Caribbean twist

Categories: News and previews

With London’s biggest street festival just around the corner, regular demo chef Jenny Chandler offers her tips on cooking up a Caribbean storm

Words: Jenny Chandler

This Friday in the Market’s demo kitchen I’ll be getting you revved up and ready for Europe’s biggest street festival, The Notting Hill Carnival. This huge celebration of London’s racial diversity, particularly its Caribbean communities, kicks off on Sunday, with two entire days of parading, dancing, music and revelry—and that, of course, includes plenty of great food and drink.

Carnival by its very definition is a time of indulgence. The history of our European carnivals is strongly tied in with Catholic pre-Lenten tradition, a time to indulge before 40 days of fasting. Some say that the very word carnival evolved from the Latin carne levare, to put away the meat.

Whatever the true origin, it’s certainly a more gregarious way to approach a time of penitence than our rather restrained pancake tossing. Rio de Janeiro’s world famous carnival continues to be held before Lent, but London’s big party has always been a secular event celebrated in summer.

Smoke and heady spices
While we can’t guarantee a Caribbean heatwave this weekend, you can be sure of huge crowds and the waft of smoke and heady spices coming from all the street food stands where jerk chicken will be top of the menu.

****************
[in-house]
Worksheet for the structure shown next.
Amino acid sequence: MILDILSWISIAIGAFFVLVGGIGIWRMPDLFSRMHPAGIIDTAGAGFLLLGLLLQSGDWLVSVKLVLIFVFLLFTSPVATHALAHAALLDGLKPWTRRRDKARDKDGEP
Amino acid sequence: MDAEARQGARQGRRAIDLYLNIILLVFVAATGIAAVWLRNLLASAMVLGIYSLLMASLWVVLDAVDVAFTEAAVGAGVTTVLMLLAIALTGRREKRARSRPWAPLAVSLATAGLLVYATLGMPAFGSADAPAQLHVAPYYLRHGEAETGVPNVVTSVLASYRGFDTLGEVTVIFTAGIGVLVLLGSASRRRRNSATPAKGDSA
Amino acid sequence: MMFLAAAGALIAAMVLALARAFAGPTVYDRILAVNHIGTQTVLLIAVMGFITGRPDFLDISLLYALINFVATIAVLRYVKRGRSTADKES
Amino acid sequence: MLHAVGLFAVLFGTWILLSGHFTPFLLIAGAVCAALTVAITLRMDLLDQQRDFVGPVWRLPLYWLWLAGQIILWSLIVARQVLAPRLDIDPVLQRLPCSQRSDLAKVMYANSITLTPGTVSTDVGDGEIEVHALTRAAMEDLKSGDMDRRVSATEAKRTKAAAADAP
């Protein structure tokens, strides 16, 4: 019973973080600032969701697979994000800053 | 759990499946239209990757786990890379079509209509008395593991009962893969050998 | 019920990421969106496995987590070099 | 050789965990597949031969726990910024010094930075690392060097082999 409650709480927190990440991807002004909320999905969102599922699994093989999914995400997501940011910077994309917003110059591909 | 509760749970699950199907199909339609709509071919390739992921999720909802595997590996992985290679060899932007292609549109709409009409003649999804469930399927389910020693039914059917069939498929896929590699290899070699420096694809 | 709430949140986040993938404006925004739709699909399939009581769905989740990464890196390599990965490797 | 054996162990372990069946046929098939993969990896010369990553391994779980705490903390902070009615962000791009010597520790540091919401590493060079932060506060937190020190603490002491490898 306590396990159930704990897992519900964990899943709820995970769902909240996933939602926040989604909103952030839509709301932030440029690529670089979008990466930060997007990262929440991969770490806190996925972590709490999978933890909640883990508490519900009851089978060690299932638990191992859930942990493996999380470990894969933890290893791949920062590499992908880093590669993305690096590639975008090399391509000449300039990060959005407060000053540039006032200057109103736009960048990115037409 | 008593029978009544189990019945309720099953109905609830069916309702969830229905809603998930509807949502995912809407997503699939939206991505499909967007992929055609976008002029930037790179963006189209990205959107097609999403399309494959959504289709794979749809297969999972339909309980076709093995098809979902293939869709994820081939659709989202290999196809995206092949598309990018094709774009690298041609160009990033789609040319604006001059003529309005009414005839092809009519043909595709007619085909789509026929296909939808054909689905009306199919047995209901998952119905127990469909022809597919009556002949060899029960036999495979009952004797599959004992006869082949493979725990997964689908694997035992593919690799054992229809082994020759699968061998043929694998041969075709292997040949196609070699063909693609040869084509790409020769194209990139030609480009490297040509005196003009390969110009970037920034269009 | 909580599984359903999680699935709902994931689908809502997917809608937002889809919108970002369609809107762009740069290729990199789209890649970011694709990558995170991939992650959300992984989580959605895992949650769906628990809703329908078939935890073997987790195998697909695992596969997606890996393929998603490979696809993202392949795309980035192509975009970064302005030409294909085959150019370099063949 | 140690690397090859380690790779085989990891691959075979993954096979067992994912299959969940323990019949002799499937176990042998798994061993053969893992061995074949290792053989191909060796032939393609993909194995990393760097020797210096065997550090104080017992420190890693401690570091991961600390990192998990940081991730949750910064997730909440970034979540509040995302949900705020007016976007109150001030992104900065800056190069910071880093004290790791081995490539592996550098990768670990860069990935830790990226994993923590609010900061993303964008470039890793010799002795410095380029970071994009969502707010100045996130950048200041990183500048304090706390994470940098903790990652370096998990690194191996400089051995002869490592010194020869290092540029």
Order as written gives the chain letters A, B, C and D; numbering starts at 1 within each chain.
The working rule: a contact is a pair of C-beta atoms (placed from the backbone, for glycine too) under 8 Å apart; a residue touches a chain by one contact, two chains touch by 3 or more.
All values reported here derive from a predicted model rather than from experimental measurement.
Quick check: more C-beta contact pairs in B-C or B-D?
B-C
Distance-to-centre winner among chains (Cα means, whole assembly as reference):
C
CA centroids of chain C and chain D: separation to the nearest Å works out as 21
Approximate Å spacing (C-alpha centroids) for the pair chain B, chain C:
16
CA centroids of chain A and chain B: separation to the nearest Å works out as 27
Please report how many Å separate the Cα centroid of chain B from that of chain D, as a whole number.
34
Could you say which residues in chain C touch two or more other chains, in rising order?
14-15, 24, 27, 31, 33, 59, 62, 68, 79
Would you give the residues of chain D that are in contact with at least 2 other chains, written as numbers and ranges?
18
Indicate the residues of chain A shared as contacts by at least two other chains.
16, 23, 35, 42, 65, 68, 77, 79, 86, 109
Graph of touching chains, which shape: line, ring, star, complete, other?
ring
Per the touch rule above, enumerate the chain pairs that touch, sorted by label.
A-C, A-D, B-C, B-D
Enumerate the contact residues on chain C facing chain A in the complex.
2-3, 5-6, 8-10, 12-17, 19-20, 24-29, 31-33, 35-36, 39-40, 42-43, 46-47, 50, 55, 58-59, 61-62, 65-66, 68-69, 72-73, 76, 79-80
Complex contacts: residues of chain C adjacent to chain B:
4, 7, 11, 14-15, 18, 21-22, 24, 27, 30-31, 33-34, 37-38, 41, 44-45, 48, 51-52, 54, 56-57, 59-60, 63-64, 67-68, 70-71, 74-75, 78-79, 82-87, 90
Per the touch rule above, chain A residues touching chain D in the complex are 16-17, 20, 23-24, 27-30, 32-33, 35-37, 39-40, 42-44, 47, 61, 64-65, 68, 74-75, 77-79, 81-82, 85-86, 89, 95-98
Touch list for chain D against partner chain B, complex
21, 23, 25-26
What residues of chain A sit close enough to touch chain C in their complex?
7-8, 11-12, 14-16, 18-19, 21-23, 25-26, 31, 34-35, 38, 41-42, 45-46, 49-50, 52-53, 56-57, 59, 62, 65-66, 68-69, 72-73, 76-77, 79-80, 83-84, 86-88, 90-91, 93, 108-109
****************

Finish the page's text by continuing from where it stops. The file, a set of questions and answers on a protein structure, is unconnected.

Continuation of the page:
I’ll be making my own home cook-friendly version in the demo kitchen, dispensing with the traditional split oil drum barbecue and piles of pimento wood and taking a slightly simpler approach. Jamaican jerk specialists would surely not approve of my technique, but this unorthodox recipe certainly makes a fabulously tasty dish to feed a crowd.

Another mainstay of Caribbean cooking and a brilliant way to cater for larger numbers is rice and peas. Recipes vary throughout the islands. Some, rather confusingly, contain no peas at all. The most traditional pigeon pea (also known as a cow pea or gungo pea, depending where you are) is a dried pulse and interchangeable with red kidney beans in Jamaica. I love the colour contrast of the deep carmine red of the beans and the white, coconutty rice.

At your peril
The dish is crowned with a fiercely hot scotch bonnet chilli that you can dive into at your peril. It’s a great recipe to have in your repertoire, a particular favourite of mine with simply barbecued fish.

Back in my sailing days a couple of decades ago, I picked up a fabulously fresh tasting prawn curry from Trinidad (home to the Caribbean’s biggest and most famous carnival, and the inspiration behind so many of Notting Hill’s most eye catching costumes). The prawns are usually served up in a freshly made roti but work just as well with any flat bread if you’re short on time. The recipe’s a cinch, so I absolutely have to share it.

Then to the drinks, assuming that we’ll be basking in rays of a late summer sunshine, you could certainly do no better than a good fruit punch. A fiery ginger beer, plenty of citrus juice, a hint of bitters and some fresh mango is my desert island cocktail; add a dash of deep golden rum if you’re after an alcoholic version, turn up the calypso and get ready to party.

Join Jenny for tips, tastings and recipes on Friday 26th August in the Market Hall, 12:30-2pm